When you Need to Replace Your Brakes?
Posted On Monday 15th April 2019 By: adminBrakes Repair
Just as gas mileage varies depending on where and how you drive, it depends on the life of the brake pads (or brake pads), the friction material that is pressed against the metal disc (rotor) or the drum to stop your car. How long will they last? It depends on many factors. If you drive merely 8,000 miles a year, but mostly in crowded urban areas such as Chicago, Boston, or Washington, DC, you will have to replace brake pads than someone who drives 28,000 miles a year. You use brakes in urban environments much more often than on a rural road.
Brakes Check Schedule
Unfortunately, no precise schedule would indicate when it is time to replace the brakes, you need to rely on the advice of technician. Most vehicles should turn their tires at least once every six months, and this is also an excellent time to check the brakes. The mechanic can check the thickness of the pads and the state of the calipers or drum equipment to determine wear.
Annoying noise in Brakes
Many cars have in built wear sensors that scrape the brake disc when the pads need replacing. The driver will hear an annoying squeal when they press the brakes (or when the brakes are released on some cars). Some vehicles have electronic wear indicators that warn the driver when a warning message appears on the dashboard that the pads reach minimum thickness, but this feature is usually used on expensive luxury cars, and it’s good to rely on regular brake maintenance checks than to assume that the vehicle has a back.
Sensors in Car
These sensors are not on every vehicle or not necessarily on every wheel, so drivers should listen for squeaks, screeching, grinding metal on metal (often a sign that the brake pads have completely disappeared) and other noise that indicates wear. Some minor noises can be removed by cleaning the brakes, but persistent, noticeable sounds usually mean worn parts.
Brake Pedal Pulses
If the brake pedal pulses during light or moderate braking, this may reflect wear or a deformed disc. (The pedal vibration during panic braking is normal if your car has an anti-lock system that is required for new vehicles in the US from the 2012 model year.) there may be one worn or otherwise compromised front shoe.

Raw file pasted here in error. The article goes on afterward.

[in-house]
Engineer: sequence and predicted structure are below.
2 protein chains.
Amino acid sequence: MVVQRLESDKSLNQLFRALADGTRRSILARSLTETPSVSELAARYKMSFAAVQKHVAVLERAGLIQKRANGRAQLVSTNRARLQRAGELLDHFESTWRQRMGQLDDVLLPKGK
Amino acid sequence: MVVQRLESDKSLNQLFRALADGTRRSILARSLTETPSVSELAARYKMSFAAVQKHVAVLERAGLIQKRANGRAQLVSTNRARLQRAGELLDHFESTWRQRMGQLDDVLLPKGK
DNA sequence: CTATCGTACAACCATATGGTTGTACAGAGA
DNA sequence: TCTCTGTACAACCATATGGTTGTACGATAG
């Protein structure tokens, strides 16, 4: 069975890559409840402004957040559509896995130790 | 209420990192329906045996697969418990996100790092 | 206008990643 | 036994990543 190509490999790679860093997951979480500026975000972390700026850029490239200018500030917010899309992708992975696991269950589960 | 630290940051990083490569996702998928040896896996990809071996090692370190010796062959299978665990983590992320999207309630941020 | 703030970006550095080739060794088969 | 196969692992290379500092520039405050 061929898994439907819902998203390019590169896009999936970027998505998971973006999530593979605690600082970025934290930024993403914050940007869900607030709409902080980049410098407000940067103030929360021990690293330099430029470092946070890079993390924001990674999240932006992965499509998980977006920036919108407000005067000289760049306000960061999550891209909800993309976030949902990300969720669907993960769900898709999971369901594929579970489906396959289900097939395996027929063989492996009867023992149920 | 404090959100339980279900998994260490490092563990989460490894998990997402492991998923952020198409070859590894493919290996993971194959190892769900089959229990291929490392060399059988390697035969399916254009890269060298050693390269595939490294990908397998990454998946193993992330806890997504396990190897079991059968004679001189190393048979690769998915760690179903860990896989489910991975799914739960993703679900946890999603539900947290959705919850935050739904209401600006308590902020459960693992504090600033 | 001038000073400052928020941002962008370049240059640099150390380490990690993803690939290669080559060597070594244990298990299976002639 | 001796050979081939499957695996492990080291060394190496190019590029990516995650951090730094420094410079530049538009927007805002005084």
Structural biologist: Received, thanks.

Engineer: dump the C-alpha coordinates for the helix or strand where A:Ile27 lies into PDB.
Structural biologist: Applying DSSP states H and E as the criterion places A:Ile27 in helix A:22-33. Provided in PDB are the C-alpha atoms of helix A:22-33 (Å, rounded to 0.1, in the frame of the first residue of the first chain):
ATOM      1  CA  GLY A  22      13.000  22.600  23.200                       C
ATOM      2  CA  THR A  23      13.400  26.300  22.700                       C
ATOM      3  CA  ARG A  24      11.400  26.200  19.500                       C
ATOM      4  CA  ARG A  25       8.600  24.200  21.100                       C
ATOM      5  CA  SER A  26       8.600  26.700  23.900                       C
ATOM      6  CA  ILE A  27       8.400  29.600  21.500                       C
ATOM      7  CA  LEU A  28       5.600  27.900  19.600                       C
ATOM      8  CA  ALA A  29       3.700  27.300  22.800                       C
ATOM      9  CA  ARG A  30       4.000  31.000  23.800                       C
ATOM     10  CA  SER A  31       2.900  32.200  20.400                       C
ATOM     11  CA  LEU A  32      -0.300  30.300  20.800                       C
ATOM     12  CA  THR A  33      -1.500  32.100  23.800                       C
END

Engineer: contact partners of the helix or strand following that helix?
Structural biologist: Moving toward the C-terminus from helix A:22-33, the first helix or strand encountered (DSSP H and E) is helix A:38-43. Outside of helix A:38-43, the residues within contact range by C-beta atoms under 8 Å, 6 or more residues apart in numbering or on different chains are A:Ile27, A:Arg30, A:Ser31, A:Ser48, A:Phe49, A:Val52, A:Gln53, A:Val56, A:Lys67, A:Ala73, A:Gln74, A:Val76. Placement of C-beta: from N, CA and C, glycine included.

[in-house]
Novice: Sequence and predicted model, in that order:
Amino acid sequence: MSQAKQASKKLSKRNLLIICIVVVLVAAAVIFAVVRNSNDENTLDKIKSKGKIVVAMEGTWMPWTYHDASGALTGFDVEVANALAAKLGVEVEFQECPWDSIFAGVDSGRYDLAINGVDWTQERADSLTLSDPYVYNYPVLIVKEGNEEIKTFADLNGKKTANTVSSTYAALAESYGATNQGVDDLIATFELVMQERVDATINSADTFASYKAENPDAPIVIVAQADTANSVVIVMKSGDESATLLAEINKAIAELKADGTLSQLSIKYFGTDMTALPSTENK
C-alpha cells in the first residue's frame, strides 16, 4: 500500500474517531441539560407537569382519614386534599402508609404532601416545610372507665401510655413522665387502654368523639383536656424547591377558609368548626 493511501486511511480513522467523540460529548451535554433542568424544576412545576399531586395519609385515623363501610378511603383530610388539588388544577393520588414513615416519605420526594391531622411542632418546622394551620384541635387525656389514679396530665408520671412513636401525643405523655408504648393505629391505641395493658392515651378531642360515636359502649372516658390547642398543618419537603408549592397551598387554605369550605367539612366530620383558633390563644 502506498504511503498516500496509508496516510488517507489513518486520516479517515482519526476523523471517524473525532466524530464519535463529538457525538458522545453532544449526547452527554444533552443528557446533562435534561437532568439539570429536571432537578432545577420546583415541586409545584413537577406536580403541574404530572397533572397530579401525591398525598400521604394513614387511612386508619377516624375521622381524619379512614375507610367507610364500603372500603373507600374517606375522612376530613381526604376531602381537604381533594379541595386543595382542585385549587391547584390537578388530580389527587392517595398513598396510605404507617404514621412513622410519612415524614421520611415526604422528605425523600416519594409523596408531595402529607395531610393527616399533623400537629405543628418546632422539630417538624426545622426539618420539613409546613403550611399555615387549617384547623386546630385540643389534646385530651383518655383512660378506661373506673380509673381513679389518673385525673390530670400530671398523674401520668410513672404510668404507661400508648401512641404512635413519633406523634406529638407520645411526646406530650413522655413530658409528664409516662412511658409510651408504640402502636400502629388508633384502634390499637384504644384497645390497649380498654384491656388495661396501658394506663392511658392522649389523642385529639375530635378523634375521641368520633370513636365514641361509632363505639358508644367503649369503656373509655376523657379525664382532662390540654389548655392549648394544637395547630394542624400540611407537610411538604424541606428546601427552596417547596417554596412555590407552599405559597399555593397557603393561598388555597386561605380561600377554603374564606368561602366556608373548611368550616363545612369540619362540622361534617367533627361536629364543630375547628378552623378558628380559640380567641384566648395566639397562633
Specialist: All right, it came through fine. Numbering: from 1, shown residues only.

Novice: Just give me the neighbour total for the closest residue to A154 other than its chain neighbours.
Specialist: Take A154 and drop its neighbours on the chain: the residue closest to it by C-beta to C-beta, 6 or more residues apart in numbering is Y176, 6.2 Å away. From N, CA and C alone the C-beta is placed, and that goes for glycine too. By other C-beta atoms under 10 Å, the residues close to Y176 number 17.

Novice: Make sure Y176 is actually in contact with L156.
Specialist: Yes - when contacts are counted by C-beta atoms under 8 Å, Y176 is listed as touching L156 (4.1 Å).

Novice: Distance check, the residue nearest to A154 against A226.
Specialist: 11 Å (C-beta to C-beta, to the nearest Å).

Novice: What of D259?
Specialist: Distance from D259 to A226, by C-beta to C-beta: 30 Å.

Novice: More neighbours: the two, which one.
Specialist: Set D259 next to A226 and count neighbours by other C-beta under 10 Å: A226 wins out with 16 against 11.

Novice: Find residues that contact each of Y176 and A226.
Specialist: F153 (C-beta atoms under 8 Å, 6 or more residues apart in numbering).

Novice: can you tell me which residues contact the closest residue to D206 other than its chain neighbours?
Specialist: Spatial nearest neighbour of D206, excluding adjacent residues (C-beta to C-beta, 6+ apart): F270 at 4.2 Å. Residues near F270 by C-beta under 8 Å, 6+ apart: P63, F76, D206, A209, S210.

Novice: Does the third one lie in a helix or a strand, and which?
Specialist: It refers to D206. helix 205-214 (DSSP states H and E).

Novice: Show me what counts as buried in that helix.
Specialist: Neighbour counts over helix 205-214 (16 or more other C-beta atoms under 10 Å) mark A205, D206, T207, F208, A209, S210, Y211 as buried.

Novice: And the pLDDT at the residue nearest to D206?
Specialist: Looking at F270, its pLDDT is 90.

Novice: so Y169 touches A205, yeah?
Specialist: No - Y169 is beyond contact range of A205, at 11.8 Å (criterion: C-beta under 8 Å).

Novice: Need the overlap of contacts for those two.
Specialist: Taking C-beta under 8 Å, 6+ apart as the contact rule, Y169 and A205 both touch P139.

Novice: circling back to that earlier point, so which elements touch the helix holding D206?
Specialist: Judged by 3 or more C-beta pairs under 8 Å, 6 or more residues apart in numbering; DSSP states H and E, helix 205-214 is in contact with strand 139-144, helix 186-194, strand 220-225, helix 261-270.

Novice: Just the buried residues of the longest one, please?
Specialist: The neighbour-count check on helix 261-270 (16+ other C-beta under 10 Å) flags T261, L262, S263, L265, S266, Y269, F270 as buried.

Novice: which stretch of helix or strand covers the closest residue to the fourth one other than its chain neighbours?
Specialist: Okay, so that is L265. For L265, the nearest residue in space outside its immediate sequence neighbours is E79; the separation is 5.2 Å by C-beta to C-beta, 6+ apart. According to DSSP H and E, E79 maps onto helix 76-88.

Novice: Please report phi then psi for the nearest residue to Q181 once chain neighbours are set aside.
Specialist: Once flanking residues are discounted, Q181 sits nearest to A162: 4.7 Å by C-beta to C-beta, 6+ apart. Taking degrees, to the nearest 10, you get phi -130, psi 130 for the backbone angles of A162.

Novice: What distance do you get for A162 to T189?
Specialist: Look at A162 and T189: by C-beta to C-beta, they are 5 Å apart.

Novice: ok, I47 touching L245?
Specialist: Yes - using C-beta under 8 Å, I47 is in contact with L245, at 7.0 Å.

Some Other Brake Fail Sign
Other signs when driving are significant braking distances, or when you press the brake pedal, your foot drops lower, closer to the floor. Since the brake linings wear out gradually, you may not notice a drop in performance, so an experienced mechanic’s eye can help.
Brake Check Light
Most cars have a brake light that lights up for a few seconds each time you start the car. If this happens while driving, it probably means that there is not enough fluid in your brake system due to a leak or a problem with the brake master cylinder. Please note that this may or may not be the same signal light associated with the parking brake.
Front Disc Brakes
All new vehicles also have front disc brakes. Most also have rear discs, although some cheaper cars still come with rear drum brakes. When using disc brakes, it is common practice to replace only the brake pads and, if necessary, re-install the rotors on a lathe so that the surface is level and smooth.
Brake Repair Shops
However, in recent years, more and more automakers are switching to rotors, which are lighter and thinner to reduce weight and save money. The disks were used for two or three re-grinding, but do not be surprised if, when it was time for new shoes, you were told that you also need new rotors. Current materials may not have enough material to allow for shavings when grinding, and may not be as durable as, say, 10 or more years ago. Besides, repair shops are reluctant to pay attention to the rotors, because it increases the work time. Also, the quality of work may vary depending on who performs it. Instead, it's faster, easier and more profitable for repair shops to install new rotors along with new gaskets merely.